CRONA RESPONSE: Hospital Statement on Retirement Benefits, 3/21 

The hospitals need to take a serious look at what it will take to recruit and retain the skilled Nurses needed to fill their new buildings — Nurses are key to the world-class care the hospitals pride themselves on delivering. 

The hospitals have refused to make any proposal to improve Nurses’ retirement savings plan. The hospitals attempt to defend that position in their recent mailing by arguing that our current retirement benefits provide a “secure, comfortable retirement.” But here is what the hospitals aren’t saying: 

The hospitals make no mention of the difference between our retiree medical benefits and those at UCSF. 

They don‘t dispute that UCSF’s medical retiree benefits are vastly superior. The expected value of UCSF’s retiree medical benefits for a “model Nurse who started working at age 30 in 2014retires at age 61, and lives to age 85 is more than 1,000% of what Stanford and Packard offer. A Nurse retiring from Stanford or Packard in Group D receives retiree medical benefits as a lump sum. Many of our competitors pay a certain portion of Nurses’ annual premium for the rest of their lives. That’s why when you compare our benefits to other hospitals, you see huge discrepancies in lifetime value. With the small increases the hospitals propose, Nurses would receive between $6,400 and $39,360 when they retire. Investment advisors like Fidelity say an average couple will need $280,000 in today’s dollars for medical expenses in retirement. So Nurses who retire from Stanford or Packard must plan to potentially use hundreds of thousands of dollars of their own hard-earned retirement savings to pay for medical care. The hospitals don’t say why they are rejecting CRONA’s proposal to cover a portion of retirees’ medical costs if retirees use the hospitals’ own Stanford Health Care Alliance network, which would provide the security Nurses deserve.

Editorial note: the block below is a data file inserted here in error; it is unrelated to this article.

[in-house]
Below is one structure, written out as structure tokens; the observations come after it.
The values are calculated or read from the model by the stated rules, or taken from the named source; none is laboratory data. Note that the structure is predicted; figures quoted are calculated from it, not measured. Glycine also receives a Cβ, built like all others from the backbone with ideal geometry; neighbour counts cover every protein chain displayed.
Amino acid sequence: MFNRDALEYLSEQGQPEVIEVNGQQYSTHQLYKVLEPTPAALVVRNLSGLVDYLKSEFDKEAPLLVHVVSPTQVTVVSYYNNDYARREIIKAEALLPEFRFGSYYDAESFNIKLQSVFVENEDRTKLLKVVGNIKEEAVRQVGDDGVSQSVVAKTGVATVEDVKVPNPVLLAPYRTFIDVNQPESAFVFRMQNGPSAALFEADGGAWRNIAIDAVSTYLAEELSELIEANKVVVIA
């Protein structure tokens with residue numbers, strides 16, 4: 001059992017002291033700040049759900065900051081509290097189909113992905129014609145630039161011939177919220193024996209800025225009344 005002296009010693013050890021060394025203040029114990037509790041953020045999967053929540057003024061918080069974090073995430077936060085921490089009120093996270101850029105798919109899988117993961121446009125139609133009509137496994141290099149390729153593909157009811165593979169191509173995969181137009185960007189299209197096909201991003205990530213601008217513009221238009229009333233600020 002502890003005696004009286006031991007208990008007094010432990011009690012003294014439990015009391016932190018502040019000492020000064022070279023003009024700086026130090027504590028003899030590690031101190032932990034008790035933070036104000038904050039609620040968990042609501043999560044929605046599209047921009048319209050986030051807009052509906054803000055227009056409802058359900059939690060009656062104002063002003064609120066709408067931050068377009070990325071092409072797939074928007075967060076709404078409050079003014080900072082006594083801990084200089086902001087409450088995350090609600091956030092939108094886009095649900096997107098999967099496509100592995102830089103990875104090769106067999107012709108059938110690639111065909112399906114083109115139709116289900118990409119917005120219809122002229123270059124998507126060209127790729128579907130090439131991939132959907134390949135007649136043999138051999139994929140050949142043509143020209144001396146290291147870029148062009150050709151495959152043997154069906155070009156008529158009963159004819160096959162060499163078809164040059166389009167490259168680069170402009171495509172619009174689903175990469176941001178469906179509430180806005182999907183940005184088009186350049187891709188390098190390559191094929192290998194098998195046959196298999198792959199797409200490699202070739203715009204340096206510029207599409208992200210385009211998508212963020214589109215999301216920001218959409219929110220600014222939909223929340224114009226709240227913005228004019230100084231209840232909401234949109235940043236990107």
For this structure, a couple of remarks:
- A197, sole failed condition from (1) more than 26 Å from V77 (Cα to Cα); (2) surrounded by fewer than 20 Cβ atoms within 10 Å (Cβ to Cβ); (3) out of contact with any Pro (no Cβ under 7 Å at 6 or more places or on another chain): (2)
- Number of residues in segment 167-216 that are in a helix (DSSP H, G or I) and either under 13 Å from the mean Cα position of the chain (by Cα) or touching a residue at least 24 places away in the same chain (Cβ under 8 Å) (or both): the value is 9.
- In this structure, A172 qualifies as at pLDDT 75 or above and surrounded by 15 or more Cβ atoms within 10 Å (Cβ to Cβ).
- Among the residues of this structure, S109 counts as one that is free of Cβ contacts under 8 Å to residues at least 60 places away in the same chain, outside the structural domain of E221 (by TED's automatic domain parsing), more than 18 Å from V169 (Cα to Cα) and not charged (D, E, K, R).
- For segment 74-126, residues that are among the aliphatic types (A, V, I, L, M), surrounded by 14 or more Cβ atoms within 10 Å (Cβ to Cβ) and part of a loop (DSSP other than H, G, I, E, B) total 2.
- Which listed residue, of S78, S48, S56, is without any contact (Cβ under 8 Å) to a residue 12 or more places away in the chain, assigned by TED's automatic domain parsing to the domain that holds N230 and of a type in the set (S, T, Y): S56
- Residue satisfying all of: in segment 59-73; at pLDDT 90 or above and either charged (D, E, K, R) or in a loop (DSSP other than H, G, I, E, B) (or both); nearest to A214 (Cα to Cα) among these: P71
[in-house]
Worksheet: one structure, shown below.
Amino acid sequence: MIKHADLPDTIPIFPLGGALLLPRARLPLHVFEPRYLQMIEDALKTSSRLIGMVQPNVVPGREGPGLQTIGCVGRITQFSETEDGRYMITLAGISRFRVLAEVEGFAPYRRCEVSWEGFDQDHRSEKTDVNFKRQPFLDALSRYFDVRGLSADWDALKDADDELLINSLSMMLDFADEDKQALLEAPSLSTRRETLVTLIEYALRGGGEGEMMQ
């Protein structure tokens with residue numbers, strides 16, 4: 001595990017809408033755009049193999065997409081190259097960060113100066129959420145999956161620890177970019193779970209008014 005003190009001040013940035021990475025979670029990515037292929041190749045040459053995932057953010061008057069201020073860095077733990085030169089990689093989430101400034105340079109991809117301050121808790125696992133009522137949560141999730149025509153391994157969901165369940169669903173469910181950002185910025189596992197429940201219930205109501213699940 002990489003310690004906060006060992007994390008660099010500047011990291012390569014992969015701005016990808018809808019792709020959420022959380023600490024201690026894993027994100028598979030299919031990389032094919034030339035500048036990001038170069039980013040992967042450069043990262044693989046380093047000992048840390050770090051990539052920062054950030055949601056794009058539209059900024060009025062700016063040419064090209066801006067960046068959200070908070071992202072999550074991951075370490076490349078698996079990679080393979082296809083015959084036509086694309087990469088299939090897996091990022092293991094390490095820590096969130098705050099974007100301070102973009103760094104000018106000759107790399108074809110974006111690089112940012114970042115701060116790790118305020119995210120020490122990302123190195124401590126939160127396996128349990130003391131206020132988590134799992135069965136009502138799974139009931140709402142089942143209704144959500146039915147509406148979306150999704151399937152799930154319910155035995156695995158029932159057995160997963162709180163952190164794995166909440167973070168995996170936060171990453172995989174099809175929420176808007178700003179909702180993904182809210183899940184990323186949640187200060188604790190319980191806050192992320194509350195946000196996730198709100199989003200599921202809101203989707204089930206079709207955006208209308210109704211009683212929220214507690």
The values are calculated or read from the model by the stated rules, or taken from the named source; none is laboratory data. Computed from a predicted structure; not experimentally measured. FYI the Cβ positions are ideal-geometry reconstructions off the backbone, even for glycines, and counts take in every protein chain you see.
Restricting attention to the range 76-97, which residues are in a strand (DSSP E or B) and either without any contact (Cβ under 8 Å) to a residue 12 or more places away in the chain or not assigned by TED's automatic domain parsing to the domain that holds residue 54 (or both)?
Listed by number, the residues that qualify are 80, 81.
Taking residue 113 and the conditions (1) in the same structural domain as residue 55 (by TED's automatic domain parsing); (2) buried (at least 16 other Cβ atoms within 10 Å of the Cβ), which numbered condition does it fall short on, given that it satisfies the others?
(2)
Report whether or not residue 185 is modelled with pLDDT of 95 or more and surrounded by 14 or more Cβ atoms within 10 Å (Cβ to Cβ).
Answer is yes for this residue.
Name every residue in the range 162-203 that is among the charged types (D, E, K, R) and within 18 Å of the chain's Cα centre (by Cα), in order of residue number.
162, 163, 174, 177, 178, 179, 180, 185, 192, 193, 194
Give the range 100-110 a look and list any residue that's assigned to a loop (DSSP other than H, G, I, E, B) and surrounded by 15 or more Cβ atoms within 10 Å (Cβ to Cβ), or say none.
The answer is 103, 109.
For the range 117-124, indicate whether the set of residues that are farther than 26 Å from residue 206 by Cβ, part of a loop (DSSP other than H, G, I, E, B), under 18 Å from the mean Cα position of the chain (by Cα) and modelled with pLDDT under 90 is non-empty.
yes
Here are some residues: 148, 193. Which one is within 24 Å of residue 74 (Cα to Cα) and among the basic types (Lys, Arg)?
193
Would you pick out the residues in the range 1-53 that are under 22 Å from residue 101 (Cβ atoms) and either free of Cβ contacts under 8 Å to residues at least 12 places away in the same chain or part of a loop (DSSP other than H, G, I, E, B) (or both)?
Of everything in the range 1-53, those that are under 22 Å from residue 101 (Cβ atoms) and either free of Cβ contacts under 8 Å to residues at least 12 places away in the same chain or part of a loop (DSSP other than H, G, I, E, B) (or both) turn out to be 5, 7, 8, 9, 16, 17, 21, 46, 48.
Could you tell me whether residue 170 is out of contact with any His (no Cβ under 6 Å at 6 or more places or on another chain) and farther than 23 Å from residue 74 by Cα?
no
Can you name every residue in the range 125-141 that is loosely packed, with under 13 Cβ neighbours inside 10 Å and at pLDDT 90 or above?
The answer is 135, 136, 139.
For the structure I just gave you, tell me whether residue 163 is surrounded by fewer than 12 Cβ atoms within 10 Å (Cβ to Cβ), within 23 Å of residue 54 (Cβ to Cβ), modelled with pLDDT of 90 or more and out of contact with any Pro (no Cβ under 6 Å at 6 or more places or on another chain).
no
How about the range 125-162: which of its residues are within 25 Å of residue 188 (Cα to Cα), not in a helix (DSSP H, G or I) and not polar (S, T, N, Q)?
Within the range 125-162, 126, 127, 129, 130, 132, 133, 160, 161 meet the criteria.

The hospitals’ retirement plan numbers are based on aggressive assumptions about the future growth of the stock market and the amounts Nurses would withdraw each year from their accounts in retirement.  

CRONA assumed more cautious returns on investments, understanding that the economy can be volatile, and Nurses should not have to roll the dice with aggressive investment plans. This table shows three predictions for the model Nurse, which show how much the forecasted rates of returns affect the analysis.

CRONA table

CRONA and the hospitals disagree as to what a reasonable prediction of investment returns would be. But no matter how we estimate returns, there is no question that the hospitals cannot guarantee that a Nurse who takes advantage of their matching “would have a total balance” of more than $3 million at age 61. That would be an irresponsible promise. The hospitals’ estimates are based on their consultant’s predictions and are only as good as those predictions.   

And that’s the point. The difference between our retirement and UCSF’s is certainty and security. Under the Stanford and Packard plans, whether a Nurse will have enough for retirement depends on the market. The risk is borne solely by the Nurse. We’ve seen how investments can lose value when the economy goes south. So the hospitals’ claim that their offer rewards Nurses with a “secure” retirement is a hollow promise. 

The hospitals’ analysis also shows that they aren’t serious about trying to retain Nurses.  

The hospitals seem to think the current rate of Nurse turnover is acceptable. According to information the hospitals provided to CRONA, Nurses who leave the hospitals leave after around 6 or 7 years on average, not the 9 years the hospitals quote as being the national average. It’s better for our patients when Nurses stay longer.   

CRONA is concerned that the hospitals are not acting responsibly. How are the hospitals going to hire enough skilled Nurses to fill the new hospitals and solve the chronic understaffing we experience every day? Business as usual is not cutting it. We need a comprehensive approach to wages and benefits, and a contract that ensures that all Nurses are supported and respected in the workplace.  


Keep up to date with negotiations by checking your email and attending membership meetings. Download a printer-friendly PDF of this post here.

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